Human rights defenders risk their lives to fight injustice and strengthen democracy around the world.
The United Nations has declared that they deserve special protection because of their critical work in promoting and human rights. Yet, in many countries, they face imprisonment without charges, torture and threats of death.
Visiting human rights defenders form the core of the Centre's work in terms of providing training for defenders, conducting research and incorporating the visiting defenders as an integral part of the MA and LLM programmes.
Protective Fellowship Scheme
The Centre for Applied Human Rights hosts a Protective Fellowship Scheme for Human Rights Defenders. Under the auspices of this Scheme, up to ten defenders per year are able to join the Centre for the purposes of research, networking and rest from a difficult working environment.
Since 2008 the Centre has hosted 84 visiting human rights defenders from across the world.
Their work covers civil and political rights as well as social, economic and cultural rights.
The defenders' stories. "The Protective Fellowship Scheme offers a visionary approach to protecting and supporting individuals who risk their lives for the protection of human rights. At York, human rights defenders are given a warm welcome into a community of scholars and practitioners. Not only do they benefit from the space to rest and reflect on their work, but their unique contribution to research and teaching puts the University at the cutting-edge of global policy-making on human rights."
James Savage, Human Rights Defenders Programme Director, Amnesty International UK
Research on Human Rights Defenders
Through the HRD Hub, CAHR facilitates research on the rights of human rights defenders, the risks they face, their security management practices, their wellbeing, and the evolving international protection regime for their security and rights. See the HRD Hub website for our recent publications, working papers and more information. You can read more about CAHR's current research projects here.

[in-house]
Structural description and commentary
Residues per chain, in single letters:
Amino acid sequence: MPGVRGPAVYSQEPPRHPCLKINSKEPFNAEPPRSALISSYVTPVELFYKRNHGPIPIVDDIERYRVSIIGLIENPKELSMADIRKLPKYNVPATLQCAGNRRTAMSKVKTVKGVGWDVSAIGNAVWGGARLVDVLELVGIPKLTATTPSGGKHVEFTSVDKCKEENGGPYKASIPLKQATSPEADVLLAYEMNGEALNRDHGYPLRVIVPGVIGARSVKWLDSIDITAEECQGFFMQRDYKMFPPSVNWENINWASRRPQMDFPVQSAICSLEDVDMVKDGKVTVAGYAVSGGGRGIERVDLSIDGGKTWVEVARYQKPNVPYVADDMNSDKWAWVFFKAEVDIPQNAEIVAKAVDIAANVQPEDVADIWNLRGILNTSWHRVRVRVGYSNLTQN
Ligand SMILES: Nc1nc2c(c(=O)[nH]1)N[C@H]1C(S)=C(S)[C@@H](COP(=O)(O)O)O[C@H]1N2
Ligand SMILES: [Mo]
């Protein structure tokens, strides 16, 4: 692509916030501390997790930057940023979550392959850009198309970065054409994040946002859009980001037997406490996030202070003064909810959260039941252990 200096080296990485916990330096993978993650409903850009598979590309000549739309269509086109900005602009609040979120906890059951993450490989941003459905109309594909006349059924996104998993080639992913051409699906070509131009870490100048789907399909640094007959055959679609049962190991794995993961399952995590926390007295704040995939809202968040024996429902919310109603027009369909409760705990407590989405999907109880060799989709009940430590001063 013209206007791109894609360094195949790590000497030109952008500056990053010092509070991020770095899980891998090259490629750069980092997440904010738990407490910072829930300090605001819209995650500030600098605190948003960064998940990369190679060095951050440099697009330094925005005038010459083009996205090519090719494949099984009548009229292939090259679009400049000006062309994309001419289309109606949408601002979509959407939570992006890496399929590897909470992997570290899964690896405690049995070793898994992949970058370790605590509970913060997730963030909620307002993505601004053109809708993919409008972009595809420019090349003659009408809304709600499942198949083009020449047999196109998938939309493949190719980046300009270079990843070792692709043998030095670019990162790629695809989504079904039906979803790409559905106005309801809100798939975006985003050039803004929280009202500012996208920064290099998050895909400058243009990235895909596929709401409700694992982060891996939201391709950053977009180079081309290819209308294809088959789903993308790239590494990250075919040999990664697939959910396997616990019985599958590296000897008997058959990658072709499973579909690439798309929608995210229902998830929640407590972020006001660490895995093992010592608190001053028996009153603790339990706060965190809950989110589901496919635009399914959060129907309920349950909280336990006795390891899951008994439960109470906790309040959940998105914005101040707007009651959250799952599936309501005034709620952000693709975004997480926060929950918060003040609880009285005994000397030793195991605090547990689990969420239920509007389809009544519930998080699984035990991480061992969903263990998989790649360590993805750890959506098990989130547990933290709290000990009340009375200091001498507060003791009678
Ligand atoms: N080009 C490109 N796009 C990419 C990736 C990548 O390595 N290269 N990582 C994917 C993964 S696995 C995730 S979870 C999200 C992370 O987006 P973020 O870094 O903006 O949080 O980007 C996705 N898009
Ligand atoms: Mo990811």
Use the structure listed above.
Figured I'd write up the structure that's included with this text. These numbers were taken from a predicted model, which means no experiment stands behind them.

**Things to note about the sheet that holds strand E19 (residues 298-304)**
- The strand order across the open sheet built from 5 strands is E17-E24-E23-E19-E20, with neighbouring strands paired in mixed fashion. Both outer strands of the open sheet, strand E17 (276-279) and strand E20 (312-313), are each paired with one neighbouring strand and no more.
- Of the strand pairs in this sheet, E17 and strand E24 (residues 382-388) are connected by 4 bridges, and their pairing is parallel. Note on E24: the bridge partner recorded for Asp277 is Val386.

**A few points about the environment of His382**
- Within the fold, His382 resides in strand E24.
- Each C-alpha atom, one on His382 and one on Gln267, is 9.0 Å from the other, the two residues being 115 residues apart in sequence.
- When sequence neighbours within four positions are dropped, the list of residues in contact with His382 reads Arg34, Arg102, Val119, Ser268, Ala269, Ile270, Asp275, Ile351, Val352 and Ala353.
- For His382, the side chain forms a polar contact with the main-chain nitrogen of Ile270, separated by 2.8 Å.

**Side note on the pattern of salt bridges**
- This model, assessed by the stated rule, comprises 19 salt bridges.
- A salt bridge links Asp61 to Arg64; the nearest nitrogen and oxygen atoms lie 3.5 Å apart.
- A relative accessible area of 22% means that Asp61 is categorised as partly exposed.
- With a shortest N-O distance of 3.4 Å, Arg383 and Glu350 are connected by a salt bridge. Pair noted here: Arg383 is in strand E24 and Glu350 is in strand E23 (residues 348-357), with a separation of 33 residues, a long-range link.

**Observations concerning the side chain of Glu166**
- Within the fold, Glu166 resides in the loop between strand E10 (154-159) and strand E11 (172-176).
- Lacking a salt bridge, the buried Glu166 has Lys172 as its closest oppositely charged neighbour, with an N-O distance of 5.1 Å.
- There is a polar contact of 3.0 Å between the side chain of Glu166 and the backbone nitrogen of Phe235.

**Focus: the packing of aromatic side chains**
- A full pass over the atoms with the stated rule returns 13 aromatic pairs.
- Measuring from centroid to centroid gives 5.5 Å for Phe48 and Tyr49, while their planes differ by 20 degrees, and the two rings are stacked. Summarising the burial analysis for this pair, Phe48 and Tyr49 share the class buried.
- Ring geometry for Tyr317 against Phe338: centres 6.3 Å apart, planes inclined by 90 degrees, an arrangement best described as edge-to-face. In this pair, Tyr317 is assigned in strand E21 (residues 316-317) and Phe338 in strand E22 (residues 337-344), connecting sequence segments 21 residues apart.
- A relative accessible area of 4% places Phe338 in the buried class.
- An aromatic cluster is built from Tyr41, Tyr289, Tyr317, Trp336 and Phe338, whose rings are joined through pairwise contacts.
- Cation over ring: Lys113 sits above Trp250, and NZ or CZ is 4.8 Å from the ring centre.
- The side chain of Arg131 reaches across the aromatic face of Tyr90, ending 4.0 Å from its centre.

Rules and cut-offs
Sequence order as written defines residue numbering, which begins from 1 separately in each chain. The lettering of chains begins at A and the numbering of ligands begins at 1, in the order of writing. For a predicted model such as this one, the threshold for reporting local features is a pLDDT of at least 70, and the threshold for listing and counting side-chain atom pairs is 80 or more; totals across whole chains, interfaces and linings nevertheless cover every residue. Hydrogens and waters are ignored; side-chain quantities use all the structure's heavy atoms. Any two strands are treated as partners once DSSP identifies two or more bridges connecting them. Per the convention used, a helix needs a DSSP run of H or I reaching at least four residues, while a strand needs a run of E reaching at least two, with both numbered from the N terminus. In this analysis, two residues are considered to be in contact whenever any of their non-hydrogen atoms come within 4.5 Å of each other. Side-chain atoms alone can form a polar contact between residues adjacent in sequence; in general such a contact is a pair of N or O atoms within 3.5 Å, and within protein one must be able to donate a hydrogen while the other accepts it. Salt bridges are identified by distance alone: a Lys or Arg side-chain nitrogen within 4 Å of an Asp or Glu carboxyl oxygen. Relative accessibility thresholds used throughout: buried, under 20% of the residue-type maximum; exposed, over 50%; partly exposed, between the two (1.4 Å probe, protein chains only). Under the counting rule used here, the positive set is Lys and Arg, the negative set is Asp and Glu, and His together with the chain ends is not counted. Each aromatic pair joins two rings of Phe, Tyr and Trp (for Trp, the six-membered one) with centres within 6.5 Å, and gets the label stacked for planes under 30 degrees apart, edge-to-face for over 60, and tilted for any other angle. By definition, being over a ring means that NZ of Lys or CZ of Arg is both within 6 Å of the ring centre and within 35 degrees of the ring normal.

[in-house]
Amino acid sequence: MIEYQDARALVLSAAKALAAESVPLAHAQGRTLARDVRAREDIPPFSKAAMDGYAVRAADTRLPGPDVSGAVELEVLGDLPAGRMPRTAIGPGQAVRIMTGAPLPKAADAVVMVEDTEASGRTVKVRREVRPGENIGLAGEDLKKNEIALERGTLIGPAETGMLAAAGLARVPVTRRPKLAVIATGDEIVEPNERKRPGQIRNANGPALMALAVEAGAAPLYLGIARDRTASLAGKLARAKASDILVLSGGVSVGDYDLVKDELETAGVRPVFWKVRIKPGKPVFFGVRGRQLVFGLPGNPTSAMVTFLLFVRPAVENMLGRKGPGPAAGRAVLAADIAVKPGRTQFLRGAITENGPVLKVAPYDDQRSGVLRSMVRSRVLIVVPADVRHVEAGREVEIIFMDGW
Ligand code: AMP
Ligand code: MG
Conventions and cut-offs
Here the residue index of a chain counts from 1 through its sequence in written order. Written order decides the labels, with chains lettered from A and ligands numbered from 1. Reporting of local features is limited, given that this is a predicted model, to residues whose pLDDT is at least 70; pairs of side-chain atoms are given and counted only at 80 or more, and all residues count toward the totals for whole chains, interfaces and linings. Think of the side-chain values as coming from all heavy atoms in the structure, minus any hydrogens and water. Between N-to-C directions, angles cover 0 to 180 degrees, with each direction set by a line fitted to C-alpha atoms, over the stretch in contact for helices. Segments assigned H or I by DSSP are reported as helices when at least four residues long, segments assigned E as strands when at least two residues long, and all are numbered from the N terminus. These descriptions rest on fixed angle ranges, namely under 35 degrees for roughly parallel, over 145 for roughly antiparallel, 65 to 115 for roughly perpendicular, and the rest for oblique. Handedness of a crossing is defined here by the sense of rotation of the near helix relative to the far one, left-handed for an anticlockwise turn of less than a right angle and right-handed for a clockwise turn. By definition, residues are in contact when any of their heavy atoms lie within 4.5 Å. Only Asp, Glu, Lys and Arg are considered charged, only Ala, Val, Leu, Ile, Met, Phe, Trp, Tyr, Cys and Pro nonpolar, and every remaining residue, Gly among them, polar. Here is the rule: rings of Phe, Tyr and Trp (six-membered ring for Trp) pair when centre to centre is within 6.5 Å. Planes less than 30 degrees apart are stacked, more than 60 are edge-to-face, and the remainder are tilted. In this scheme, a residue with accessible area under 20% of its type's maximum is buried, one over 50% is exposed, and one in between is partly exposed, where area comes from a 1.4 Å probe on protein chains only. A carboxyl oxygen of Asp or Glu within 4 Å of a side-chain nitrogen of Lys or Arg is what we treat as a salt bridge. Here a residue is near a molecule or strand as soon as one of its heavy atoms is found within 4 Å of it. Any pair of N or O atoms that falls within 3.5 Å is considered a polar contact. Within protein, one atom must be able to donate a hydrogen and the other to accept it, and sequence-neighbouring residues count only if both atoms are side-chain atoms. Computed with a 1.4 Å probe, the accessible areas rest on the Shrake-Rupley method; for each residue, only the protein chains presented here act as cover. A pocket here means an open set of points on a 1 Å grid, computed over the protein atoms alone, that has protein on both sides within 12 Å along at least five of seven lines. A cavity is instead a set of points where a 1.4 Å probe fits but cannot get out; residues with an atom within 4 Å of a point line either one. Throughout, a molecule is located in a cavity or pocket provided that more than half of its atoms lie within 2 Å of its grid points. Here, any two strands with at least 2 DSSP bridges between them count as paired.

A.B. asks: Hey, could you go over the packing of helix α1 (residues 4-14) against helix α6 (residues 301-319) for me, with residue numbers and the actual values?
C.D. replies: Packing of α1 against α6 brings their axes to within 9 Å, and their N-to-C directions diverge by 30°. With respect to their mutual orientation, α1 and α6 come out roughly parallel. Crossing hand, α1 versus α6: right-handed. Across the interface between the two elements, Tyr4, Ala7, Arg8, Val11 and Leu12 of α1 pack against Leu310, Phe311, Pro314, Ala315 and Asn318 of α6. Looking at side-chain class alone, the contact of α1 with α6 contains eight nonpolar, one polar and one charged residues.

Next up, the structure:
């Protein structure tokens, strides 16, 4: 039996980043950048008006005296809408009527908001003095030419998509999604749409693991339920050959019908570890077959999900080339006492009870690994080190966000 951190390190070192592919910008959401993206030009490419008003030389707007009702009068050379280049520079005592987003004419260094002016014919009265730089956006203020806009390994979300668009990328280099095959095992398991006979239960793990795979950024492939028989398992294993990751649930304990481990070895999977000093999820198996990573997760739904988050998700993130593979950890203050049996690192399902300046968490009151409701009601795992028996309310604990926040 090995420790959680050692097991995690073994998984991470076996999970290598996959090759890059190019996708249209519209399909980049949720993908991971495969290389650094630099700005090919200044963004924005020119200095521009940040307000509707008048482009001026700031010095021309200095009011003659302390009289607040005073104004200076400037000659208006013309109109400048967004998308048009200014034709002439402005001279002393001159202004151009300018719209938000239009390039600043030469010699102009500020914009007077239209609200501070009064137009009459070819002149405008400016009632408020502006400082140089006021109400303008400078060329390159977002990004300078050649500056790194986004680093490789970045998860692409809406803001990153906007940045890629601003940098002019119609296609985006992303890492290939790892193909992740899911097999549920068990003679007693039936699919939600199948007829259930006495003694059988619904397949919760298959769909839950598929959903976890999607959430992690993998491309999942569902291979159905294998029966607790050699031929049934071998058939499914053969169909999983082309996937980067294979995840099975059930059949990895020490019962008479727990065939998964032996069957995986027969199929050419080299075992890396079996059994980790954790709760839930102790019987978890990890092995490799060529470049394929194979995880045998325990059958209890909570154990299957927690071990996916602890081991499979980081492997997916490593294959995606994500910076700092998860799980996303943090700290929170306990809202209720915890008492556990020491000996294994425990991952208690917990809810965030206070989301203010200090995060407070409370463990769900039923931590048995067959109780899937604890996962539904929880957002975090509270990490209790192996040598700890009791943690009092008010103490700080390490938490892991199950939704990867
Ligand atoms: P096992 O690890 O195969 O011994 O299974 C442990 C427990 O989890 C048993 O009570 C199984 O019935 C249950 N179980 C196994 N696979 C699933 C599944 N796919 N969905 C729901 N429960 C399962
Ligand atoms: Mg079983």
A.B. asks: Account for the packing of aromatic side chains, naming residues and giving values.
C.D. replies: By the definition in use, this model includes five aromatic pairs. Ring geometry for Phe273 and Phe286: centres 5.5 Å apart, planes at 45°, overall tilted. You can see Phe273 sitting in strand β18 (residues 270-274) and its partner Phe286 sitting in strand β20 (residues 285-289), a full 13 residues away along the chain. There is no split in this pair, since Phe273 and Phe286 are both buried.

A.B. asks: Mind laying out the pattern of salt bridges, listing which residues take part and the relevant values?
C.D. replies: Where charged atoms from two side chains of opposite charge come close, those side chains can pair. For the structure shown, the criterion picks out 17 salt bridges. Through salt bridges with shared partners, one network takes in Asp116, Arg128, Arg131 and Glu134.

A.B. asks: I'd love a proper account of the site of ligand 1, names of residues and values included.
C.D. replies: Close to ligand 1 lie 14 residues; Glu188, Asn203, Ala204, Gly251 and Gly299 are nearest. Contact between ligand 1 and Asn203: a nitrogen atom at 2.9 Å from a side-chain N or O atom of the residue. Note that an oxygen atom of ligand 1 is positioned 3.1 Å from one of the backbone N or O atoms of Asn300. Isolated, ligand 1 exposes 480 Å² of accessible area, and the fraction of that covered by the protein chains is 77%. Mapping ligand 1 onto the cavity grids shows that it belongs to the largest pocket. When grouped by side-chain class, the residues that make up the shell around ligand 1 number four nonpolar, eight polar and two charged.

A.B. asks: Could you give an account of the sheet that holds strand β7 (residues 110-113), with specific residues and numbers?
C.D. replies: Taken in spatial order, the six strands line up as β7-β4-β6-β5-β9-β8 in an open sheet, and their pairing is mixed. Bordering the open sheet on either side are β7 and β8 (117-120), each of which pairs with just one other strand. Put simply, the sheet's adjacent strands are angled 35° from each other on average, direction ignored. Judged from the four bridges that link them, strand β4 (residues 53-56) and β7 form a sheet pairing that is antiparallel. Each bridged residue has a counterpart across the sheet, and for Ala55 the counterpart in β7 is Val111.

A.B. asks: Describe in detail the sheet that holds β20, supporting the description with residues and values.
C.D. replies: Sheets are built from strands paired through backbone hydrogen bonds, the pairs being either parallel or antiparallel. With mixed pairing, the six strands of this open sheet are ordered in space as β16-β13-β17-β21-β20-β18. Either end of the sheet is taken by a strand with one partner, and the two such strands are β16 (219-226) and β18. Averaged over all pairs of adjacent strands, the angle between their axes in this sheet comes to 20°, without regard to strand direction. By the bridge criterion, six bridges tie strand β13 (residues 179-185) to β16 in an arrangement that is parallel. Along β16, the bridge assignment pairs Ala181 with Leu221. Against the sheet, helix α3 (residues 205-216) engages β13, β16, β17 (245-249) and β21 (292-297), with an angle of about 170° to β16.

Feature story on the Protective Fellowship Scheme
The University Magazine Spring 2013 (PDF , 1,819kb) issue featured a story on the Protective Fellowship Scheme for Human Rights Defenders and told the story of woman human rights defender Karak Mayik Denyok from South Sudan, who stayed at CAHR in 2012-13.
Simply unforgettable. Since I started working in human rights, ten years ago, this is the first time that I feel calm and safe, knowing nobody is going to hurt me or persecute me. Thank you, all of you in the Centre, for this feeling.
The great value of the York CAHR Fellowship is that it prioritises human rights defenders working in the most difficult circumstances and gives them both a break and an opportunity for really practical learning. York shapes the Fellowship to meet the needs of the human rights defenders rather than selecting the human rights defenders who best fit academic criteria.
Andrew Anderson, Deputy Director, Front Line Defenders
By far the most important thing I got from CAHR was the support and encouragement from the staff that run the Centre. Not only when I was in England but even now in every single thing I do. This is a group of people who genuinely care about the individuals that pass through their doors and show a vested interest in what happens in the seed they helped water.